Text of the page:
Reader Comments (rss)

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    Anonymous Coward, Nov 9th, 2013 @ 12:45pm

    'the assertion that Miranda was engaged in what might qualify as terrorism brought U.S. condemnation, as it should, but our State Department didn't do the same in this case.'

    the reason i would think is that the UK has backed the USA up to the hilt over what has happened concerning Snowden and Greenwald. considering what is happening in the USA atm over the NSA spying, i bet the UK is going to be the willing 'take-over partner' when the new laws are enacted. the stupid part about it is that the UK has been up to it's neck in this and unfortunately for it's citizens not got a way to call their govt out over it.
    from what i have read too, the two 'investigations' into what MI5, MI6 and GCHQ have been doing, their heads have stated that they haven't done anything wrong or illegal. if anyone expected them to admit to breaking the law, wake up and smell the coffee! and they have used the exact same bullshit as those that back the NSA, saying that without the mass spying, the mass collection of ALL phone calls, text messages, e-mails and post, the UK would have been blown to smithereens and/or put into slavery under the hands of Al-Qaeda!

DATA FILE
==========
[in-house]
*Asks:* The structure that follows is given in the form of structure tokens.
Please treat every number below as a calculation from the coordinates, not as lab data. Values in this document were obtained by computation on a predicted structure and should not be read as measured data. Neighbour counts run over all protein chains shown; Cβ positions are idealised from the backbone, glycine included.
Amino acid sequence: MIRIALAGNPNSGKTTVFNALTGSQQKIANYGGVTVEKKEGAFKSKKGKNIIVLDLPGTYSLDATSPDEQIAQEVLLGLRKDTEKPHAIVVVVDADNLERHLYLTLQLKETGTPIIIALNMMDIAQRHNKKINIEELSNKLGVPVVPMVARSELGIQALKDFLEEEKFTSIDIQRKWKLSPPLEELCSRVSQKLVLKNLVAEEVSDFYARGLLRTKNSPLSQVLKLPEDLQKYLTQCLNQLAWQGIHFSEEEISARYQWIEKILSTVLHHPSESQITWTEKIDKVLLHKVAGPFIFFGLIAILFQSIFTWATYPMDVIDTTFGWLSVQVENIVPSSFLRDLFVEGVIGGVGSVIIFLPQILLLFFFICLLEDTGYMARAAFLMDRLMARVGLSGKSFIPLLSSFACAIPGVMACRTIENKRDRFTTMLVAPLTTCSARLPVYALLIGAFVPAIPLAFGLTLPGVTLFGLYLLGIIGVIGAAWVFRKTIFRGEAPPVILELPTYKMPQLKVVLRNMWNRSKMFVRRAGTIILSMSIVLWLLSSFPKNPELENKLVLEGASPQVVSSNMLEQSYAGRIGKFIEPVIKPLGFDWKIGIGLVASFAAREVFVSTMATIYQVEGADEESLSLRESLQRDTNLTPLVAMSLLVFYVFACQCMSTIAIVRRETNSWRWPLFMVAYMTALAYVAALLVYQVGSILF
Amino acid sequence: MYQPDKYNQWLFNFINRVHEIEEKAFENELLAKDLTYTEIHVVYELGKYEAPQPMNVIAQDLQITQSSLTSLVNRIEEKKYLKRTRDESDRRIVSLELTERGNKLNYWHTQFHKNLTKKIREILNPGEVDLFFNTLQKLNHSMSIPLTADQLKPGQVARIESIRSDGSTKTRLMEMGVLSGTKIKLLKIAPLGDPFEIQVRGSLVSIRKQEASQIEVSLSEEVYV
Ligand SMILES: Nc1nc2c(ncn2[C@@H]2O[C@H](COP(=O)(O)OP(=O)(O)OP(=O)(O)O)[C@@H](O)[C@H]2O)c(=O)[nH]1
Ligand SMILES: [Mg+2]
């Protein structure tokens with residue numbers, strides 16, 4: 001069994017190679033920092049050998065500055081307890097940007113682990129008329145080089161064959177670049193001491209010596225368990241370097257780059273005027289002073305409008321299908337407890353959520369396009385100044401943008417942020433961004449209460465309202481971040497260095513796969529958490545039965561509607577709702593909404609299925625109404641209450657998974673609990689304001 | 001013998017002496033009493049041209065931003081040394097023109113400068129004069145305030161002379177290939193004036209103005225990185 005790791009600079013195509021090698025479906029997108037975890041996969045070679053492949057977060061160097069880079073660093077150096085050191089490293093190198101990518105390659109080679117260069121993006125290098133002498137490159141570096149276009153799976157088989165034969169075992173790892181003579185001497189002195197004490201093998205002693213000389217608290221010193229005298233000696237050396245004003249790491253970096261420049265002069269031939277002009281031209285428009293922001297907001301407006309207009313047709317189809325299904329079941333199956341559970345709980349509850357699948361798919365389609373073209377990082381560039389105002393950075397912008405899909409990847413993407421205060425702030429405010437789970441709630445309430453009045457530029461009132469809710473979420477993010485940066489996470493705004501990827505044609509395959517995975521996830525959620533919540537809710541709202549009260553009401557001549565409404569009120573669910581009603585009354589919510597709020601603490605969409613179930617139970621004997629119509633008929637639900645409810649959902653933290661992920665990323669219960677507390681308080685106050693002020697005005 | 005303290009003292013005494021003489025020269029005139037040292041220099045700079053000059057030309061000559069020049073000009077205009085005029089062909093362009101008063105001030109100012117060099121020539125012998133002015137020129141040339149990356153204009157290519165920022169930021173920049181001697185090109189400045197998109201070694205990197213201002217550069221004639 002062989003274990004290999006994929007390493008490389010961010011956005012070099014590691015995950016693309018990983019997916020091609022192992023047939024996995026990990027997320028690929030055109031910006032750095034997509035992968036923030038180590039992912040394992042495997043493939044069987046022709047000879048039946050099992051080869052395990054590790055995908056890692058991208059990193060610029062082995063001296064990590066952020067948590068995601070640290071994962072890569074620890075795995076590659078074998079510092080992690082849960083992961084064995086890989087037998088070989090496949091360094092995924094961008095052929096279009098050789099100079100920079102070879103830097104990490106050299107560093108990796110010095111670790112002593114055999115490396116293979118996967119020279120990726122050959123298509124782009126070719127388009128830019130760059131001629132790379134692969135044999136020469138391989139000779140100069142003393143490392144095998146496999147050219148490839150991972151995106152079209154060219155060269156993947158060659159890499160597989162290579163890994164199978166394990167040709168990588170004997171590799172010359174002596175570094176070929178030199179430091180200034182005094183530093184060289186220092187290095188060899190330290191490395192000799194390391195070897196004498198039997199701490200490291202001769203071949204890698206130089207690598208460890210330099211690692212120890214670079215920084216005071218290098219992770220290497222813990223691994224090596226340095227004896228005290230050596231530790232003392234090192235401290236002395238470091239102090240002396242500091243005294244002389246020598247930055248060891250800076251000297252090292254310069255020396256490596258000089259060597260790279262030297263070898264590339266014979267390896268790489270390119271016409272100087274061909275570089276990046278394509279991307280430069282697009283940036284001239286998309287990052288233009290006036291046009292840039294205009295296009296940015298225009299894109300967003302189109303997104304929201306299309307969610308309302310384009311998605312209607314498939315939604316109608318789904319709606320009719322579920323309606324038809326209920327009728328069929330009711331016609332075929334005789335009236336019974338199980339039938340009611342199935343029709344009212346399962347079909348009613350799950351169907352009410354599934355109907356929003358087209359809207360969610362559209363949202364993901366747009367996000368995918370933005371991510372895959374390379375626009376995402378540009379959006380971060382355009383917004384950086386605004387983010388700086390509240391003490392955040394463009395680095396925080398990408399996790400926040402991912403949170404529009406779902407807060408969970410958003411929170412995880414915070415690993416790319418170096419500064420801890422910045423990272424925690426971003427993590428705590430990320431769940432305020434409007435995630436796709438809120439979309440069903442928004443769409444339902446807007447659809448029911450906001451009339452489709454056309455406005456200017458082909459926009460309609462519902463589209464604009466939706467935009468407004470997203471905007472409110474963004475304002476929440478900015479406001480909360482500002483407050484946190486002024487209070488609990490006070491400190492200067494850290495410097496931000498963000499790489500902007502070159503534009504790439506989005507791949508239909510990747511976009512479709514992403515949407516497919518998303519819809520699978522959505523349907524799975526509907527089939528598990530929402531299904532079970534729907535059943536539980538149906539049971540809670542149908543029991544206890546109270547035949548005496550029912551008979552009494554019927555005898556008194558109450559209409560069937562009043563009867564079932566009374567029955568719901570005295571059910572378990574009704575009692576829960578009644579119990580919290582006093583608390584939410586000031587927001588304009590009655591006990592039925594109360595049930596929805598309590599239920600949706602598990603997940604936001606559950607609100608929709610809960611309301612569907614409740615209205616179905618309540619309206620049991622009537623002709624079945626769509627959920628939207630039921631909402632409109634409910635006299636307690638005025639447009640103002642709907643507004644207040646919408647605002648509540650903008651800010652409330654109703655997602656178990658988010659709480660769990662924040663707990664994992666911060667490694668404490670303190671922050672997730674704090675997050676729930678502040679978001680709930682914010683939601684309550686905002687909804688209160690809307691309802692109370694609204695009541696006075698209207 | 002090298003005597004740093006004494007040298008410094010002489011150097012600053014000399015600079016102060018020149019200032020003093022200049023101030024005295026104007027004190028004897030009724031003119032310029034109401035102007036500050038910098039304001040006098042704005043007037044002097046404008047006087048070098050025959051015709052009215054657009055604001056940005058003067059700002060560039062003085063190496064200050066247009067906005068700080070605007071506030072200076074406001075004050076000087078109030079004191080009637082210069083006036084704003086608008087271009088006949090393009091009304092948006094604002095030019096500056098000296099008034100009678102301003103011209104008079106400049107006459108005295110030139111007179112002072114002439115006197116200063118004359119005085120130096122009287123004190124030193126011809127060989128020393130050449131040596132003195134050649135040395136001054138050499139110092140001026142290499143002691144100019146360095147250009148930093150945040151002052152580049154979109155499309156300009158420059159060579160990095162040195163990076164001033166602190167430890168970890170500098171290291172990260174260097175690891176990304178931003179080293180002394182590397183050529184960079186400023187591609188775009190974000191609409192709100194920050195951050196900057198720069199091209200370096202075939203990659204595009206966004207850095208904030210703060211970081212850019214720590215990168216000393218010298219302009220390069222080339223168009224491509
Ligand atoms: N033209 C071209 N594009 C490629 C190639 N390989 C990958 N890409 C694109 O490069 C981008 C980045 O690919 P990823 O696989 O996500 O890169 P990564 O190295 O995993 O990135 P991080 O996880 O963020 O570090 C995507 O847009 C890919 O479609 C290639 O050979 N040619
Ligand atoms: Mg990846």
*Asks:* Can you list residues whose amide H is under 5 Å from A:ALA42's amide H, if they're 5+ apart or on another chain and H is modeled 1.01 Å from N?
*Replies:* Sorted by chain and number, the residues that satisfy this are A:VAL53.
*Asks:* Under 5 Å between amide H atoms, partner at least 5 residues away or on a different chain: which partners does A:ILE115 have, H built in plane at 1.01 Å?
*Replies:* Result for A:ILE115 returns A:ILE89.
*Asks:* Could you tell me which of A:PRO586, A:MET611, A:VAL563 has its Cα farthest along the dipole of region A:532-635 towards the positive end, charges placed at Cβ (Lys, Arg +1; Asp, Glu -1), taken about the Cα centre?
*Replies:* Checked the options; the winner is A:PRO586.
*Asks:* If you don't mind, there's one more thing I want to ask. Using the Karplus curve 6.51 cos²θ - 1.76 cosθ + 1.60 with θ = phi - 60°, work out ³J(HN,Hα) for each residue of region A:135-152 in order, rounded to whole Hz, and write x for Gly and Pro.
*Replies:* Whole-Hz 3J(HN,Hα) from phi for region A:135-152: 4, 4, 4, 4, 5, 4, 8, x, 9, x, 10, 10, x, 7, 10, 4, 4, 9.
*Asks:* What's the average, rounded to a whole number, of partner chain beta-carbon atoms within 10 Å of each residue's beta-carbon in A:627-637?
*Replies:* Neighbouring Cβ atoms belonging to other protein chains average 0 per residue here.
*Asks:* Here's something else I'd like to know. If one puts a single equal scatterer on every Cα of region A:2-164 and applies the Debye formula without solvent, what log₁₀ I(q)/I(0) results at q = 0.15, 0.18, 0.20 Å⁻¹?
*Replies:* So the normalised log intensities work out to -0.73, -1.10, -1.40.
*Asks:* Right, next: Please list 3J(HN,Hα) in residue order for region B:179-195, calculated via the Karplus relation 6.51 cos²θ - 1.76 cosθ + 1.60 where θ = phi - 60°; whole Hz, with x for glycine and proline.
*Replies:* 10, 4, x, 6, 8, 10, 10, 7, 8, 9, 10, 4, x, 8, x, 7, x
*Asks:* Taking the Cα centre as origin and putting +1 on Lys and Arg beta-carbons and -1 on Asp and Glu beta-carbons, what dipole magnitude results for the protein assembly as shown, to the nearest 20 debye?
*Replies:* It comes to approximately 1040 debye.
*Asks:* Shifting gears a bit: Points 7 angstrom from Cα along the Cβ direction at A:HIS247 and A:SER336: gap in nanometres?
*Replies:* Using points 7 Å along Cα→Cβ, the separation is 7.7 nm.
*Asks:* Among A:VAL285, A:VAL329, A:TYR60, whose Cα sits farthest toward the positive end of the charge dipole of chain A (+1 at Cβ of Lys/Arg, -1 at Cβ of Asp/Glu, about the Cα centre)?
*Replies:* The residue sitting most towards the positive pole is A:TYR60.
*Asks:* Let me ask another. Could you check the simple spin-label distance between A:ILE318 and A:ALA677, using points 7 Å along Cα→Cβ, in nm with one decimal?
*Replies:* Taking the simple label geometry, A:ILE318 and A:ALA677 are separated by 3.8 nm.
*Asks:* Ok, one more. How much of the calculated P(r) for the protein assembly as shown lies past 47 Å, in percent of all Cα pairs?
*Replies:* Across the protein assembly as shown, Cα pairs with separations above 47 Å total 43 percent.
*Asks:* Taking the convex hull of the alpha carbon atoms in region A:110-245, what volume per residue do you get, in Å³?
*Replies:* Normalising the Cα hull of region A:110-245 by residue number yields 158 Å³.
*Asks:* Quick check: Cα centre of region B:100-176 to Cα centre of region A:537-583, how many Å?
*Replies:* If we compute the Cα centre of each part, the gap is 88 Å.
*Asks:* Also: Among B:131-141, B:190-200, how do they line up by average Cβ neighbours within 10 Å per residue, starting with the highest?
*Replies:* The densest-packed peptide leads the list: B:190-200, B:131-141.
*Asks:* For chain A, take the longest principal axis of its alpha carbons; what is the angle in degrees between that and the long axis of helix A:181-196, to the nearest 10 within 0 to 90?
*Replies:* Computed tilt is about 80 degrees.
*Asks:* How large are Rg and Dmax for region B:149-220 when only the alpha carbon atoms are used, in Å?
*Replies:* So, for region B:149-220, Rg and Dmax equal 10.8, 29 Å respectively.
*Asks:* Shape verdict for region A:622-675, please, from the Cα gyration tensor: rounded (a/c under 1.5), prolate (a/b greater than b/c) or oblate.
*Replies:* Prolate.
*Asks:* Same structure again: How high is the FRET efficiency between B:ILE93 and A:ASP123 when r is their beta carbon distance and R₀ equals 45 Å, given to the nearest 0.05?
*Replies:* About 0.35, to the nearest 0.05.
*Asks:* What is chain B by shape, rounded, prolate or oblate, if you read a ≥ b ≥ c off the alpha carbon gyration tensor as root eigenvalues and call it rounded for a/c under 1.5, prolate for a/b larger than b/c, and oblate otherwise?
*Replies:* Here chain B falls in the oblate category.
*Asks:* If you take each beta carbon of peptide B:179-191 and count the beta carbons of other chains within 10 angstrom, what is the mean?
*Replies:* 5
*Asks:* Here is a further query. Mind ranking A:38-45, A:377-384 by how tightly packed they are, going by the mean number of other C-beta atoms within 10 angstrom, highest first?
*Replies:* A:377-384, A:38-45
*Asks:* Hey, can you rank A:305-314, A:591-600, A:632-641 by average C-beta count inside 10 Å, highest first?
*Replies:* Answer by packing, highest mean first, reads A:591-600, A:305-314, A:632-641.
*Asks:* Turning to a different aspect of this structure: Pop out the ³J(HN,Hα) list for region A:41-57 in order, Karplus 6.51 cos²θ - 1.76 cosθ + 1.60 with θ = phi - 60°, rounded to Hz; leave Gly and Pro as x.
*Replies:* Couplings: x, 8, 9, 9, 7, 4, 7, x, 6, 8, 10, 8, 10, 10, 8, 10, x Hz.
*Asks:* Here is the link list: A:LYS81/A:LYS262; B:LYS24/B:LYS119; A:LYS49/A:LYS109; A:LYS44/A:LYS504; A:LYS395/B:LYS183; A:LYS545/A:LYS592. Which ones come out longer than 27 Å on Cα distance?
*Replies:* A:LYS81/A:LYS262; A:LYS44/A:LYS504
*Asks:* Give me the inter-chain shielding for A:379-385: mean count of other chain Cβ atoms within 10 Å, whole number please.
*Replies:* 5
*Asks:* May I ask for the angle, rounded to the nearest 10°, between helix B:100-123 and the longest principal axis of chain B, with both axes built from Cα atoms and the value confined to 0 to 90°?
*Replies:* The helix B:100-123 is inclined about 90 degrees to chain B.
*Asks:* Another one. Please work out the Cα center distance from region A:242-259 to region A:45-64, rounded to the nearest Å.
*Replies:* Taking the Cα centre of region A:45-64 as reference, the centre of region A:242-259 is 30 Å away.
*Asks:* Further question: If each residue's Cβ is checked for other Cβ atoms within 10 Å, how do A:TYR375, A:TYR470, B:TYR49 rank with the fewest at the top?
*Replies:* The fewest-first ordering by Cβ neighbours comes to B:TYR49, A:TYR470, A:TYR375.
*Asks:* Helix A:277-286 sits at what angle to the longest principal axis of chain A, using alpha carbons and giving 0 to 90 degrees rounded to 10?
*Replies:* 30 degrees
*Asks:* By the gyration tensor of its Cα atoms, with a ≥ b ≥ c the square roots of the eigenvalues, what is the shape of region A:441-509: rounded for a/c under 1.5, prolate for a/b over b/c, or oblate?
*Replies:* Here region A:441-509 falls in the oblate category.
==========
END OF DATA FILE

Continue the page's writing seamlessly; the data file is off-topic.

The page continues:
what else can be said except 'thanks to everyone who has been watching everyone's every move! how did we ever manage to survive so long without the world and his wife knowing everything about everyone, everywhere??

     

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    Michael, Nov 9th, 2013 @ 1:59pm

    the legal gnomes

    Sir, you are insulting the gnomes and they demand a small apology.

     

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    Anonymous Coward, Nov 9th, 2013 @ 2:40pm

    Interesting that you brought up the "Musicians on the Wrong Side of History" as one of your points. You've hear a lot about how pirates are stealing all their money to hear it told. Seems every month or so there's another case of some one in court over infringement. Then there is the constant tale of woe is me, we're not being paid this or that.

    We don't hear about markets not being served and how the release window delays prevent people from spending money from them. There's a lot we don't hear from them on their failings. Things like the market changed. Mom and pop record music stores don't exist anymore in small towns across the nation. Top 10 hits don't have staying power anymore.

    Here's something else you don't hear. The market has fragmented. People listen to what they like pretty much exclusively. They don't get their music from the radio so much anymore. They don't hear variety that used to bring before payolla squelched it. Today's radioland is the place of the same tune every hour. This is reflected in how many national and global music stars there are now a days. You don't hear of many breaking out like they used to.